However, that style is not suited to picking up productive chunks of yardage against the lighter boxes you typically see on first down or second/third-and-medium. Gore constantly leaves potentially big gains on the field with his lack of vision and over-aggressive style. Bell is the man who should be getting carries against light boxes, where he can use his excellent vision, remarkable patience, and shifty short-area quickness to ensure he gets every yard that is available when defenses are not loaded up to stop the run.
Giving Gore the high-upside, light-box carries and asking Bell to do the dirty work in low-upside, loaded-box situations is a brutal waste of Bell’s talent.
While Gase can do a better job of maximizing both Bell and Gore at their current volumes, the reality is that Gore should not really be getting carries in any situation. He just does not have much left in the tank at 37 years old. If Gase still wants to find a spot for Gore, throw him out there to change the pace for two or three carries per game. He should not be getting over 40% of the carries.
I think the Jets would be best served phasing Gore out of the offense entirely and letting Perine get a handful of reps while Bell carries the majority of the load, but it does not seem like Gase wants to stop using Gore anytime soon.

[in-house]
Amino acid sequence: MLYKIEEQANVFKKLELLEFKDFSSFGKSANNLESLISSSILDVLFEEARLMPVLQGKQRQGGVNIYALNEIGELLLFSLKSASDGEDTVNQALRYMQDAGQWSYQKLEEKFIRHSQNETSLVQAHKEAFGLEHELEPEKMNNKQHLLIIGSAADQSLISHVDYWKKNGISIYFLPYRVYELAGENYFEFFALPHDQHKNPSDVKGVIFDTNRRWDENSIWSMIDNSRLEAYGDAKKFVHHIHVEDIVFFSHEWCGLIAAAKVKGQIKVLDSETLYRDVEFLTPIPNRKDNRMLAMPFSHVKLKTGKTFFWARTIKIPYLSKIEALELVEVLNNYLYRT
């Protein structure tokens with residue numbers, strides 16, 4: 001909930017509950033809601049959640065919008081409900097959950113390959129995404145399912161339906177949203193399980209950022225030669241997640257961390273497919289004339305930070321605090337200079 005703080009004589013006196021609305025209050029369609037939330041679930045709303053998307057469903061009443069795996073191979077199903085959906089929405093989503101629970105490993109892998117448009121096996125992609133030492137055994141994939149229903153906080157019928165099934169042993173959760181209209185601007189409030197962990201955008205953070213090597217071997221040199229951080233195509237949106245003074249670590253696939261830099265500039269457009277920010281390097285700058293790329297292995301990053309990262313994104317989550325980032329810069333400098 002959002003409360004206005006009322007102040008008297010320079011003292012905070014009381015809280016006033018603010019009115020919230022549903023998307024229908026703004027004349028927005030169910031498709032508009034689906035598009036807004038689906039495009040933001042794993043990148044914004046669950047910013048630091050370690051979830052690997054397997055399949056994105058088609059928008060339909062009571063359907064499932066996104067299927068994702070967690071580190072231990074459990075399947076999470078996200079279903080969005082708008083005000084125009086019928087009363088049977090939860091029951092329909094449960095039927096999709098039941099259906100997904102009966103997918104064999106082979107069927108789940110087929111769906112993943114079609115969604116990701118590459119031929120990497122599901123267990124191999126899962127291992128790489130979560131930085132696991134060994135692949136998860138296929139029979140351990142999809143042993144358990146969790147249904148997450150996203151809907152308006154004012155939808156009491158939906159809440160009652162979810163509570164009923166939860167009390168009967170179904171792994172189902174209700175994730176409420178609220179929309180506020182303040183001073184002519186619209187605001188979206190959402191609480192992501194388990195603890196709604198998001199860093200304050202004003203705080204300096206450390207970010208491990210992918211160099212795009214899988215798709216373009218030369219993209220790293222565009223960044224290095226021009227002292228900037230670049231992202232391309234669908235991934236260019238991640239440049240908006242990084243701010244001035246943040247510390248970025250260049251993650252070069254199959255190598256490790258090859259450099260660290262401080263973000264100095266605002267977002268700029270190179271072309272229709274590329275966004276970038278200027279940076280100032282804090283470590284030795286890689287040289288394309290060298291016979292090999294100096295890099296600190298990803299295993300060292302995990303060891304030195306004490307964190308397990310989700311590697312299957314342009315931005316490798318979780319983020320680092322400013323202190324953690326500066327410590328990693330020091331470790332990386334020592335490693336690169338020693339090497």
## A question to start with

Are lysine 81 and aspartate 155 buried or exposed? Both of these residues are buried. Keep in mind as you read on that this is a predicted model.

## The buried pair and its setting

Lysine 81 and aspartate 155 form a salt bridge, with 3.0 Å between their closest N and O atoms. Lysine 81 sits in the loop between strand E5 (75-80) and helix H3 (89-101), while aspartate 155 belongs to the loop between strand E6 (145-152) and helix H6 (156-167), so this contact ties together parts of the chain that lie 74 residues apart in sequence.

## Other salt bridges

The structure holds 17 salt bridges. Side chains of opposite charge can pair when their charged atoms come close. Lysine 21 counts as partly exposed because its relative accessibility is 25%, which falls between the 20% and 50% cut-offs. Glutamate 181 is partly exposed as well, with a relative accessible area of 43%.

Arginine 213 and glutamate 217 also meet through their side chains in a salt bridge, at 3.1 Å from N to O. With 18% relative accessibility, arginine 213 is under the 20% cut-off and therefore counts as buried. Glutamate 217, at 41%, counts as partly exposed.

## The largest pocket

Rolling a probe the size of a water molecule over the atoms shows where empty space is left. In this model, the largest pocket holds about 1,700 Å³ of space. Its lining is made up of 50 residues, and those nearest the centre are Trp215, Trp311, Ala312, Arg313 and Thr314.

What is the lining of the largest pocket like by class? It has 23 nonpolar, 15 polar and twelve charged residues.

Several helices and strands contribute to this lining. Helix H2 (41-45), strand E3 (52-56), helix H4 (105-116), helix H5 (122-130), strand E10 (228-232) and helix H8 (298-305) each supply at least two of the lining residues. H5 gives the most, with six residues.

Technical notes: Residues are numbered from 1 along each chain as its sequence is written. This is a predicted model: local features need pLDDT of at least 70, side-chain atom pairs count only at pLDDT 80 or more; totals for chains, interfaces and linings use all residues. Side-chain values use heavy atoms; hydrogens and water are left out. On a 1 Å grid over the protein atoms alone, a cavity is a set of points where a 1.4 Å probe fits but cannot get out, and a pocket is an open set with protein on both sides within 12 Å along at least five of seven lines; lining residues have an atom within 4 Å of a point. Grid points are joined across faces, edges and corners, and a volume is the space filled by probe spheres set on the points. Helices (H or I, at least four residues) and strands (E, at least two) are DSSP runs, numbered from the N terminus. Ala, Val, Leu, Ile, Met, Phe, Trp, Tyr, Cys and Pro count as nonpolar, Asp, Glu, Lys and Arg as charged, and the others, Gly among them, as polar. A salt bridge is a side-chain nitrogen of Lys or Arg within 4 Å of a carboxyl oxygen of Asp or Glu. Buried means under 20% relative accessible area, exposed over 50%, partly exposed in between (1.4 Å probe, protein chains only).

Realistically, it is fair to expect Gase to start gradually transitioning Gore out by bringing the carry ratio between Bell and Gore to at least 75-25 while tossing Perine a few bones. A few weeks down the line, there is no excuse for Gase to eventually phase Gore out and begin getting Perine regularly involved, while pushing Bell back into his workhorse role. Gase also needs to focus on producing more carries against light boxes for Bell.
Plus, the odds of Bell returning next season seem very low. The Jets can escape his contract after the season with $4 million in dead money and $9.5 in cap savings. Joe Douglas will probably be very much inclined to take that trade-off to dump a 29-year-old running back that he did not sign and has not produced at a high level (even if that lack of production is not entirely Bell’s fault).